Starting an update to any area of my home is typically triggered by a change of seasons or special occasion, i.e. Easter, Thanksgiving or Christmas. Sometimes it’s a special occasion called boredom that is the incentive and a new look is necessary to highlight a favourite item that has been out of sight for too long or you want to play “interior designer”.Read More
The Minimalists (Joshua Fields Millburn and Ryan Nicodemus), have often explained that being minimal doesn’t mean giving up your collections or treasured possessions or even acquiring new pieces, as long as the things you own are meaningful to you. I would further add that we hang on to things that are beautiful to us regardless of whether they are a perfect fit for our décor ‘style’ or not.
One of the things, okay MANY things, I love about being an interior decorator and working with clients is the challenge that comes with integrating their treasured and loved items into their décor. Treasured and loved are completely subjective but what a decorator brings is a fresh eye and a vision of how and where to use the items.
I recently worked with a client to style her bookshelves, fireplace mantel and coffee table that were in her living room. She is working very hard (so impressed by her ‘give away’ pile!) to live a minimalist lifestyle but had a collection of loved treasures from parents and in-laws, her travels and just because that she wanted to hang on to. It was a mixture of east coast folk art, a Chinoiserie jar, Inuit carvings, pottery bowls, coloured glass and photos – LOVED this challenge. So, where to begin?!
In considering the client’s treasured collections and the spaces to be styled, I kept in mind the principles of décor: scale, proportion, rhythm, emphasis, balance and harmony.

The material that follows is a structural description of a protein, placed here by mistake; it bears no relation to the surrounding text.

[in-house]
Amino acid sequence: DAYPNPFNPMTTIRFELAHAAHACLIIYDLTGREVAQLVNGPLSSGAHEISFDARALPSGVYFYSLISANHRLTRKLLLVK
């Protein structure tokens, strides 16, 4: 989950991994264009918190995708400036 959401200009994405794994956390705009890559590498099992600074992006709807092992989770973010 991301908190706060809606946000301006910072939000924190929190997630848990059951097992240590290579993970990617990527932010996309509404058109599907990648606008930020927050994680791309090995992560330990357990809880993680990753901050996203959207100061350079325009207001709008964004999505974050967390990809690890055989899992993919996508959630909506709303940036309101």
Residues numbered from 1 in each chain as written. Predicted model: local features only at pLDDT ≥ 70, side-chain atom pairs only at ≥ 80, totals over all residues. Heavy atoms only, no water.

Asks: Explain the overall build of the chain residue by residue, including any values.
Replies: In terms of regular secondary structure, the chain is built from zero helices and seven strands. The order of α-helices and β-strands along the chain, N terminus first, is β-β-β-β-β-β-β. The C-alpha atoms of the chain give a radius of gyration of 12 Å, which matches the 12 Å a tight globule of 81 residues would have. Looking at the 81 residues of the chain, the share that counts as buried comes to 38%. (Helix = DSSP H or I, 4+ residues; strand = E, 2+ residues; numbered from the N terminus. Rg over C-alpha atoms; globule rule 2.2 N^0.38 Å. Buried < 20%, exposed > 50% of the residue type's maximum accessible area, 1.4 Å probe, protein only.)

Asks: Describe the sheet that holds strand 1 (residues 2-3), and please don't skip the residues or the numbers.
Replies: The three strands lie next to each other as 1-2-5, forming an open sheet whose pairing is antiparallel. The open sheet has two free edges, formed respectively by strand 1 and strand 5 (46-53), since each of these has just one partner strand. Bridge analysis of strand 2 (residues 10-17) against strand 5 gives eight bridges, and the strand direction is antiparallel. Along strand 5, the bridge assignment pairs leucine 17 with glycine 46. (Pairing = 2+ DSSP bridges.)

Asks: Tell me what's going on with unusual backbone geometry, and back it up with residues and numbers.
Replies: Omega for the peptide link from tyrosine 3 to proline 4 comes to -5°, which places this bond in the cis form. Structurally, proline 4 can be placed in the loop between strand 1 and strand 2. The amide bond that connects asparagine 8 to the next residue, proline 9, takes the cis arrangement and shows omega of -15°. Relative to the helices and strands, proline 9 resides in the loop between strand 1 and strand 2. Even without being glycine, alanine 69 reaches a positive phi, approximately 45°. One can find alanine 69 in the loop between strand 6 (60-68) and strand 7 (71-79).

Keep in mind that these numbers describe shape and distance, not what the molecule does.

I found that despite the varied differences among the items, there were some commonalities. There was some cohesiveness among the colours and the furniture in the room (sofas and chairs were neutral colours and styles), there was good variation among the proportions of the items and there was great rhythm among many of the items.
Colour and Balance
So, how did we make folk art, photography, oil paintings, coloured glass, Inuit carvings, pottery and Chinoiserie work? First I put together items with similar colours but differing proportions and scale – of course remembering the ‘rule of odds’, that is, odd numbers of items provide balance. The coffee table display was comprised of a seagreen folk art fish, green sea glass Mason jar with candle and an Inuit carving that was a green based gold colour.
The mantel was narrow but had room for a few items so I went for items of various heights and items that reflected the coastal theme of the oil painting hanging above the fireplace. This was perfect for the folk art sea birds which served to draw the eye upwards and brought a playful air to the space.
The shelves came next with the blue, off white and cream coloured Chinoiserie jar together with a cream coloured Inuit carving and an antique brandy bottle. On another of the shelves I put together the three pottery dishes and recommended some river rock and spheres to add texture and rhythm to that ‘collection’. The client quickly got into the groove and realized that a number of her prized hand made quilts had similar colours could be folded and stacked on the shelves to pull the look together and be handy for those cold winter nights when being cozy in front of the fire was the order of the day!
So as you look around your home, what items do you have that you love, value and have meaning? What could work together and where can you display them? What is tucked away in a cupboard that could be displayed and bring great joy and memories flooding back? Shop your home, rediscover those forgotten treasures. Keep your décor fresh by moving items around from room to room and place to place.
Have an awesome weekend and remember to have fun and keep it swank!